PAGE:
March of the Machines

While perusing the “new non-fiction” section of the library last month, I noticed this book by Kevin Warwick on “The breakthrough in artificial intelligence.” I was intrigued. The first thing I noticed was that the book isn’t really new. It was written in 1997, but it came out in paperback in 2004, so that made it new, or at least cheap enough for my library to buy it.

The book is about machines taking over the world. Warwick’s thesis is that machines are getting smarter all the time and one day they’ll be as smart as us. Then, and this point he repeats over and over again, they’ll get way smarter than us and eventually take over. In chapter two, provocatively named “In the Year 2050,” he presents a future scenario in which the machines have taken over and relegated human beings to the few menial tasks machines don’t (yet) do well. It’s kind of a “Planet of the Apes” in which the apes are machines. There are “wild” humans who disrupt things and are hunted down by the machines (ala “Matrix”?) but their population is small and isolated. They are basically treated like animals.

This sci-fi horror scenario came about because humans gradually came to depend more and more on machines in the first half of the 21st century, eventually giving machines the decision-making power to take over the world. Machines did so because, well, they were smarter, dummy. Humans made them smarter, and then used them to make even smarter machines and then, when they got smarter than we, and had the means of production in their … pincers, they just took over. Wouldn’t you?

Warwick actually presents a compelling case. He’s a “strong AI” advocate who believes computers/machines will develop some form of consciousness once they’re complex enough. After all, he cites, humans are nothing more than biological “hardware” so why shouldn’t machines be able to duplicate and eventually surpass the performance of humans? Machines already outperform us in many tasks. The big problem today is that we don’t understand well enough how our brains work, and how consciousness comes about. But even if we don’t figure that out, Warwick says it doesn’t matter. Machines won’t have a human kind of consciousness anyway. They’ll have a machine kind of consciousness, and maybe they already have it.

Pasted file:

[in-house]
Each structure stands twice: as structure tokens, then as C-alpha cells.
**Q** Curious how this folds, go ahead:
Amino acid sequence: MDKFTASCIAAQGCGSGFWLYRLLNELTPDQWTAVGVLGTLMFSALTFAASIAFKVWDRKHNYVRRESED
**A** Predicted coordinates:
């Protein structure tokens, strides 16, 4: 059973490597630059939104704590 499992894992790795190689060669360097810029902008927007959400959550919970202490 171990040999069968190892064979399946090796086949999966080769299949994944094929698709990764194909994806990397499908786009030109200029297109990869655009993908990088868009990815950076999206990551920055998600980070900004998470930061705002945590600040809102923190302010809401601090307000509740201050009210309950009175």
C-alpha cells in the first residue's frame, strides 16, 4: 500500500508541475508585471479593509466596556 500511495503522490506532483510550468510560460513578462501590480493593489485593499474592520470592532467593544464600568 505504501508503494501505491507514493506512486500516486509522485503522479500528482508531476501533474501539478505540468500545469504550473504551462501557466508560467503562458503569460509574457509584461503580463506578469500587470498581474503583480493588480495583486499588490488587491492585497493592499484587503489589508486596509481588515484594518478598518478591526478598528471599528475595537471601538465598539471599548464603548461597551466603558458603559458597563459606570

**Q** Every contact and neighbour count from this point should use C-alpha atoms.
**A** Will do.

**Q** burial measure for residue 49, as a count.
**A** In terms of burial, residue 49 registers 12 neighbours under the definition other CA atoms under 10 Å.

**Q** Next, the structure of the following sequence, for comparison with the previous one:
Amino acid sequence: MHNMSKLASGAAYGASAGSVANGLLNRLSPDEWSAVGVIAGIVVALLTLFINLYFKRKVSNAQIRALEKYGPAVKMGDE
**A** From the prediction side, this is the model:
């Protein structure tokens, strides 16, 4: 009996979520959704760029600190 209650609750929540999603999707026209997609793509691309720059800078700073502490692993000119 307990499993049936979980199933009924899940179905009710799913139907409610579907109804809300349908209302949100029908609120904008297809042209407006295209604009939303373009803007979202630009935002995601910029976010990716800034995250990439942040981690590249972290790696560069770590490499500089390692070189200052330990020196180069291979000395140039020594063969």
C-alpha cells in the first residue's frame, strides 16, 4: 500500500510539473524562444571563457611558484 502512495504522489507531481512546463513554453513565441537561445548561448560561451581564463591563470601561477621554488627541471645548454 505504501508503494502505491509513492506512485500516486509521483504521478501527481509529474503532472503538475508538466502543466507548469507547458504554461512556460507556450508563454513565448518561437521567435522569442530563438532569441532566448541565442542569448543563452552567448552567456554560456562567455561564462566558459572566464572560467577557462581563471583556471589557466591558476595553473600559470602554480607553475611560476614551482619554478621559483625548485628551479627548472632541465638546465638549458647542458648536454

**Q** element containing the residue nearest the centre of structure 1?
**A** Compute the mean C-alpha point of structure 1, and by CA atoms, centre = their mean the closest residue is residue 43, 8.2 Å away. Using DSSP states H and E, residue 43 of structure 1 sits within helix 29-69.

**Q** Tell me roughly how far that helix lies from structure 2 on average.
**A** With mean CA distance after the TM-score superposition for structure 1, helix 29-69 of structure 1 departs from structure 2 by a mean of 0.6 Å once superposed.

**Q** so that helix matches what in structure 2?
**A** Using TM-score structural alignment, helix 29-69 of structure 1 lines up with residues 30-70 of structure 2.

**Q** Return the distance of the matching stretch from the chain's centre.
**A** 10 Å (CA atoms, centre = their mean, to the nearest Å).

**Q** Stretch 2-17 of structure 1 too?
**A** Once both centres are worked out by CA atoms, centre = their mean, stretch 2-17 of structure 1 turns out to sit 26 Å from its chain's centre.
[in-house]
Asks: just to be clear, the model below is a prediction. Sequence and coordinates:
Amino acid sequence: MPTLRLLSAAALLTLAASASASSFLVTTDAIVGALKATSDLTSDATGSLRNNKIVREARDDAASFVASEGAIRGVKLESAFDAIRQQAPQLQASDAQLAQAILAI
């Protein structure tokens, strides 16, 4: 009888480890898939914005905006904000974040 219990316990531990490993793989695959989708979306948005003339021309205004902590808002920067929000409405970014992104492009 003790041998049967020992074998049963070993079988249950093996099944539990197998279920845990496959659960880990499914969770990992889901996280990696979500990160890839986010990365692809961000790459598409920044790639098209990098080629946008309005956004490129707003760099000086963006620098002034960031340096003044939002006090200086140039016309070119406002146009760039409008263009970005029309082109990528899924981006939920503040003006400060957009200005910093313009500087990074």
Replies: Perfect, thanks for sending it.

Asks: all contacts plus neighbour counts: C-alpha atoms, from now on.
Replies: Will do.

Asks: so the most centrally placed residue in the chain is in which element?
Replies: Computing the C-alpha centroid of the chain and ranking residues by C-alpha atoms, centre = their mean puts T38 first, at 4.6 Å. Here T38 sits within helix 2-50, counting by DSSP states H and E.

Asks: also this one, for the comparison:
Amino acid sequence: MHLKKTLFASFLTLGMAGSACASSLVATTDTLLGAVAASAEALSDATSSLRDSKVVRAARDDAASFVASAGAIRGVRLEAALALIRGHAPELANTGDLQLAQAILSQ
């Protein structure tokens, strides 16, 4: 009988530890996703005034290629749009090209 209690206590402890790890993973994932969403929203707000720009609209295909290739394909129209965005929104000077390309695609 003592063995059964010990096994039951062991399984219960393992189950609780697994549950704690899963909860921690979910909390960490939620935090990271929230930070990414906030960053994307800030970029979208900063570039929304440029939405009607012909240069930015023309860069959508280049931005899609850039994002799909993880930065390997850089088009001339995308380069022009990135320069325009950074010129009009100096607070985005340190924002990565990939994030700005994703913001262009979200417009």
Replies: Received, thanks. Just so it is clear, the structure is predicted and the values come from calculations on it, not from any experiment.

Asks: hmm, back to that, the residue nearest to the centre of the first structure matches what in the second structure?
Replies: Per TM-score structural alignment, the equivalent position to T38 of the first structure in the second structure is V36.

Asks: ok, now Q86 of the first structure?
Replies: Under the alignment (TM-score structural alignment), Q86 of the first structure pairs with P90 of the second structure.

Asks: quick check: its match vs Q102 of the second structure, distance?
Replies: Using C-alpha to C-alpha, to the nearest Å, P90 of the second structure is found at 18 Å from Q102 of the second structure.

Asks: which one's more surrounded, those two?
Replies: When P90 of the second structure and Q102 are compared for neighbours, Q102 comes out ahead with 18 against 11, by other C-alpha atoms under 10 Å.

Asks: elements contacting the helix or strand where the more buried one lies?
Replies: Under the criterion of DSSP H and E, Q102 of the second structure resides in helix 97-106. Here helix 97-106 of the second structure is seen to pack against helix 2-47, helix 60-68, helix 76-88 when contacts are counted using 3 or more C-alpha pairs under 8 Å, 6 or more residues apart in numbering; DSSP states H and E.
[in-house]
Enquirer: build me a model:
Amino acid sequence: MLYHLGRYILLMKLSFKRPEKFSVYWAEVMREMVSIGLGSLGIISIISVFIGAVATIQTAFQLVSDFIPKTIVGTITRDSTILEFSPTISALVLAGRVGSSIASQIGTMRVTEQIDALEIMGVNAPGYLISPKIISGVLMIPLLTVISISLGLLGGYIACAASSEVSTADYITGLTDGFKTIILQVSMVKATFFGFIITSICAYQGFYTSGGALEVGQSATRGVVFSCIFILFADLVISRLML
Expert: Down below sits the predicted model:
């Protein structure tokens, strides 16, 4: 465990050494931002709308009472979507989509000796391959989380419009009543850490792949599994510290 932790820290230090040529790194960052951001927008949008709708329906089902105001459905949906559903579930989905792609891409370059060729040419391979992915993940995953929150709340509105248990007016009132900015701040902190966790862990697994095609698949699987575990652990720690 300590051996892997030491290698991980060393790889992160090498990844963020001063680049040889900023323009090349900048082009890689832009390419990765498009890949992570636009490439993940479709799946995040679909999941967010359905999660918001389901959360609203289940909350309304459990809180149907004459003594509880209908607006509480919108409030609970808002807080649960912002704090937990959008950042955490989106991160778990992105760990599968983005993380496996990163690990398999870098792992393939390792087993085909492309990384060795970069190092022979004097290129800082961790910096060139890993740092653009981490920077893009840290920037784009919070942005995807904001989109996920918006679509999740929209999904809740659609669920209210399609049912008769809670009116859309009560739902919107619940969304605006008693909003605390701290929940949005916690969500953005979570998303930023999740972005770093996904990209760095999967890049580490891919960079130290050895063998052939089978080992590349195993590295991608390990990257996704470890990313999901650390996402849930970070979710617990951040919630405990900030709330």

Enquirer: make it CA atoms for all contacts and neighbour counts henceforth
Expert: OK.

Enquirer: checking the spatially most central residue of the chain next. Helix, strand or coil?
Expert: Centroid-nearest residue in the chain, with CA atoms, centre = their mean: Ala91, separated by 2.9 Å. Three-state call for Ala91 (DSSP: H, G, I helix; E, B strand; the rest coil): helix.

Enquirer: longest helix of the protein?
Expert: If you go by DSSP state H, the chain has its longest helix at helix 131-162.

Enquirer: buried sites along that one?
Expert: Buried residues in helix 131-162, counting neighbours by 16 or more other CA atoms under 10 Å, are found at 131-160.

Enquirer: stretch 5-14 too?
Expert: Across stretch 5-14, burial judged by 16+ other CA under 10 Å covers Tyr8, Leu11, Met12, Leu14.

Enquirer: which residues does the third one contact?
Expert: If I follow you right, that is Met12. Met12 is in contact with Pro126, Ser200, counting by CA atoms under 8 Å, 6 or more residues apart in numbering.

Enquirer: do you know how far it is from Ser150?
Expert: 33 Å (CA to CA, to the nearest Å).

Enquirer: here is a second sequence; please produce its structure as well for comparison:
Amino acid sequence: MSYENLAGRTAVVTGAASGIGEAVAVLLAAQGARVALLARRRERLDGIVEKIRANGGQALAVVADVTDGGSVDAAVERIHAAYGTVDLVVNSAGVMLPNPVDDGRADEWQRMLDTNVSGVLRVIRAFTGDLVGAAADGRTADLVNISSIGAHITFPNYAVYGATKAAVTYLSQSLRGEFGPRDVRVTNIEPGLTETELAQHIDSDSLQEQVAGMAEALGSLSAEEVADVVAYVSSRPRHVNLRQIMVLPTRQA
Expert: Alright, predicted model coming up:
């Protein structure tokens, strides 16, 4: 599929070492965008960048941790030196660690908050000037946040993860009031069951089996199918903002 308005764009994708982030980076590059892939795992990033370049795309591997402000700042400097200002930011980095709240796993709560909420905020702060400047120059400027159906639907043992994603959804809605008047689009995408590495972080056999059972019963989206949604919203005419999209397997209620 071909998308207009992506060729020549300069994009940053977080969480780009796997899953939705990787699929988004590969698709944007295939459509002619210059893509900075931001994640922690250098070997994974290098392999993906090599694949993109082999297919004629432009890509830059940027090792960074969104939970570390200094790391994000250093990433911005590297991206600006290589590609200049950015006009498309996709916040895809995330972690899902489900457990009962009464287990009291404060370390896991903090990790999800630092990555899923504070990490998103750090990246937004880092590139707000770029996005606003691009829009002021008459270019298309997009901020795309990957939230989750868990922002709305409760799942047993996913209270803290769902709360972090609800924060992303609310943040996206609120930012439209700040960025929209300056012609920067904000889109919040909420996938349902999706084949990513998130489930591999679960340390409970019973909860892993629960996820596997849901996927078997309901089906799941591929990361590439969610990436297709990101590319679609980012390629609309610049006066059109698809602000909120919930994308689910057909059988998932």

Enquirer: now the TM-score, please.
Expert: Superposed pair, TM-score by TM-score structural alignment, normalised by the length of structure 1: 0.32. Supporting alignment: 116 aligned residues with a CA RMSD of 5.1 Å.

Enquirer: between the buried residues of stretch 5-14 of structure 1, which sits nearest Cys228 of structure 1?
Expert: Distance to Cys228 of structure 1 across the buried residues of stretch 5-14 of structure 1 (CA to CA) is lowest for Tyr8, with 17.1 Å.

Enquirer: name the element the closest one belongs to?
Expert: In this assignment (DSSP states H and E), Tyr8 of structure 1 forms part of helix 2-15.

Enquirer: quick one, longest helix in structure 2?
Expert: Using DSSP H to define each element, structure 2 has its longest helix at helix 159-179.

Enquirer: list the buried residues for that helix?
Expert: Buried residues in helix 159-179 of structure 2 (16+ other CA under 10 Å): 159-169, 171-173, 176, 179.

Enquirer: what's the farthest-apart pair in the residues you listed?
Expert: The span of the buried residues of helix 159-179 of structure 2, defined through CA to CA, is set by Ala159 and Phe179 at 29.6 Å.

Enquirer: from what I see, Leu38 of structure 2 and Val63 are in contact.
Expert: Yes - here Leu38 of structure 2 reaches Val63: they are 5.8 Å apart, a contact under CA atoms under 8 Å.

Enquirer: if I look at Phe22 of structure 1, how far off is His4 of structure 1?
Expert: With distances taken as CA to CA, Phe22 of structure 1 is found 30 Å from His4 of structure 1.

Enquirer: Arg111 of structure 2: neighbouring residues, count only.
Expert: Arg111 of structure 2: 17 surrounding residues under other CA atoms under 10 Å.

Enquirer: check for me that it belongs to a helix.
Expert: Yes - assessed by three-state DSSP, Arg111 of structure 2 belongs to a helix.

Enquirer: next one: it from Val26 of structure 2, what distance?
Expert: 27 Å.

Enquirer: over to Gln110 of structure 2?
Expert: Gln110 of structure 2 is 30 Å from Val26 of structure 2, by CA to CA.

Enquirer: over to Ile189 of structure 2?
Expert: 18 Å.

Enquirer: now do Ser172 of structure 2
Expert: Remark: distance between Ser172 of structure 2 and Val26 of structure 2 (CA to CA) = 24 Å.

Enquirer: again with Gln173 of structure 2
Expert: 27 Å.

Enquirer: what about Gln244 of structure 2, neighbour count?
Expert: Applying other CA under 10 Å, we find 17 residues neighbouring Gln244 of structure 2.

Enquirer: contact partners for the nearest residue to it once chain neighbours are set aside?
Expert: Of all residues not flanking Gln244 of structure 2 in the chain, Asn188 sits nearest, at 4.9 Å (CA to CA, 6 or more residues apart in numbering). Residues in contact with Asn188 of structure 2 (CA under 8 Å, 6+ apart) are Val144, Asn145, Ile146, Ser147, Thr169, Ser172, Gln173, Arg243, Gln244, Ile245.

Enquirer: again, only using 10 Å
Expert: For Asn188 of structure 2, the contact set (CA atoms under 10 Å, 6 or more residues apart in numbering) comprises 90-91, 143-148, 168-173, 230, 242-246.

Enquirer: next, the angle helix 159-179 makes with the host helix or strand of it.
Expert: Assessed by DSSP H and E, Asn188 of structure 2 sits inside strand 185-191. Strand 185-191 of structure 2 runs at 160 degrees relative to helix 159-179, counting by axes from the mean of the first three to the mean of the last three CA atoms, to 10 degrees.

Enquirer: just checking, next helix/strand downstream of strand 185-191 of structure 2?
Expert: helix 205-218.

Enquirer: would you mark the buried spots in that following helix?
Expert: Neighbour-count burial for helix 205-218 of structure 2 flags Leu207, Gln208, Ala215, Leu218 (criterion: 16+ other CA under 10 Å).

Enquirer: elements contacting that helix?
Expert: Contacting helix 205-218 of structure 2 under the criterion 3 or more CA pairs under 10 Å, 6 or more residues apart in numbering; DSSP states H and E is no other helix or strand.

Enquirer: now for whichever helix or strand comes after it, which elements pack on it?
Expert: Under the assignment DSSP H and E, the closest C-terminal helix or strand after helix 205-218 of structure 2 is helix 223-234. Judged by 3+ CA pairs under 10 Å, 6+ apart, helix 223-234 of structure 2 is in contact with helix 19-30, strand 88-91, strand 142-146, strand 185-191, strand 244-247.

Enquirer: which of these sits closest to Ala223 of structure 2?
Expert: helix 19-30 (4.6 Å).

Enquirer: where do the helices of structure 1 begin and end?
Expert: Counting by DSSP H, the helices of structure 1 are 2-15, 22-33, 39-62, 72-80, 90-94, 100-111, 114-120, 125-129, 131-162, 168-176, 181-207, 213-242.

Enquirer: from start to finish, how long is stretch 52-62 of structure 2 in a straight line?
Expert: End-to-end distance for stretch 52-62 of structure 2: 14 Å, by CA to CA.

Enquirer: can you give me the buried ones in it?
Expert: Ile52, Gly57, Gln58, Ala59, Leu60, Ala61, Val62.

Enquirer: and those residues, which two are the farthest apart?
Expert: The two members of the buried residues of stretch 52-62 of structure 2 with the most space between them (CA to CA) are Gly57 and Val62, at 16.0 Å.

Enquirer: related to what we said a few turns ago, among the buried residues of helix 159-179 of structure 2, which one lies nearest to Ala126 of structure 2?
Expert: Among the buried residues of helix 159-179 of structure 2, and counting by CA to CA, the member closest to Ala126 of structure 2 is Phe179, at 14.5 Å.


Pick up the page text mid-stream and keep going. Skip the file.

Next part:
In taking over the world, the machines won’t necessarily have malice of intent. They’ll merely behave like humans behave. We’re smarter than other animals, so we’re in charge here and have dominion over them. In the same way, machines will be impatient with our slow wit and realize that they can make better decisions and are, after all, the higher life form.

What about the “Laws of robotics” popularized by Isaac Asimov in his book I Robot? These are:

1. A robot may not injure a human being.
2. A robot must obey the orders given by a human, unless this conflicts with law 1.
3. A robot must protect its own existence, unless this conflicts with laws 1 or 2.

Warwick cover this too. He points out, properly, that these laws are fictitious, and anyway impossible to carry out in practice. And we’ve already created many robotic devices that injure humans, sometimes by specific intent, as in military weapons.

In the latter part of his book, Warwick gets around to describing his own robotic research, where he confronts the problems of creating learning robots directly. After reading his introductory chapters, where he projects that machines will take over the world in less than 50 years, I was expecting great things from his robots. Instead, I was underwhelmed by his little wheeled “dwarfs” running around bumping into each other and trying to avoid obstacles. Yes, alas, Big Blue may have beaten Kasparov in their fabled chess match, but when machines try to interact with the real world, they still look like bumbling idiots.

Warwick chalks this up the relative simplicity of his “neural networks.” Maybe this is so. If his computers had billions and billions of cells instead of “hundreds” then maybe they would match the human brain’s uncanny ability to be self-aware and creative. But Warwick never answers the question I’d most like to hear him address. Why, if you believe machines will eventually subjugate human being—including perhaps your own grandchildren, do you spend your energy working to perfect them?

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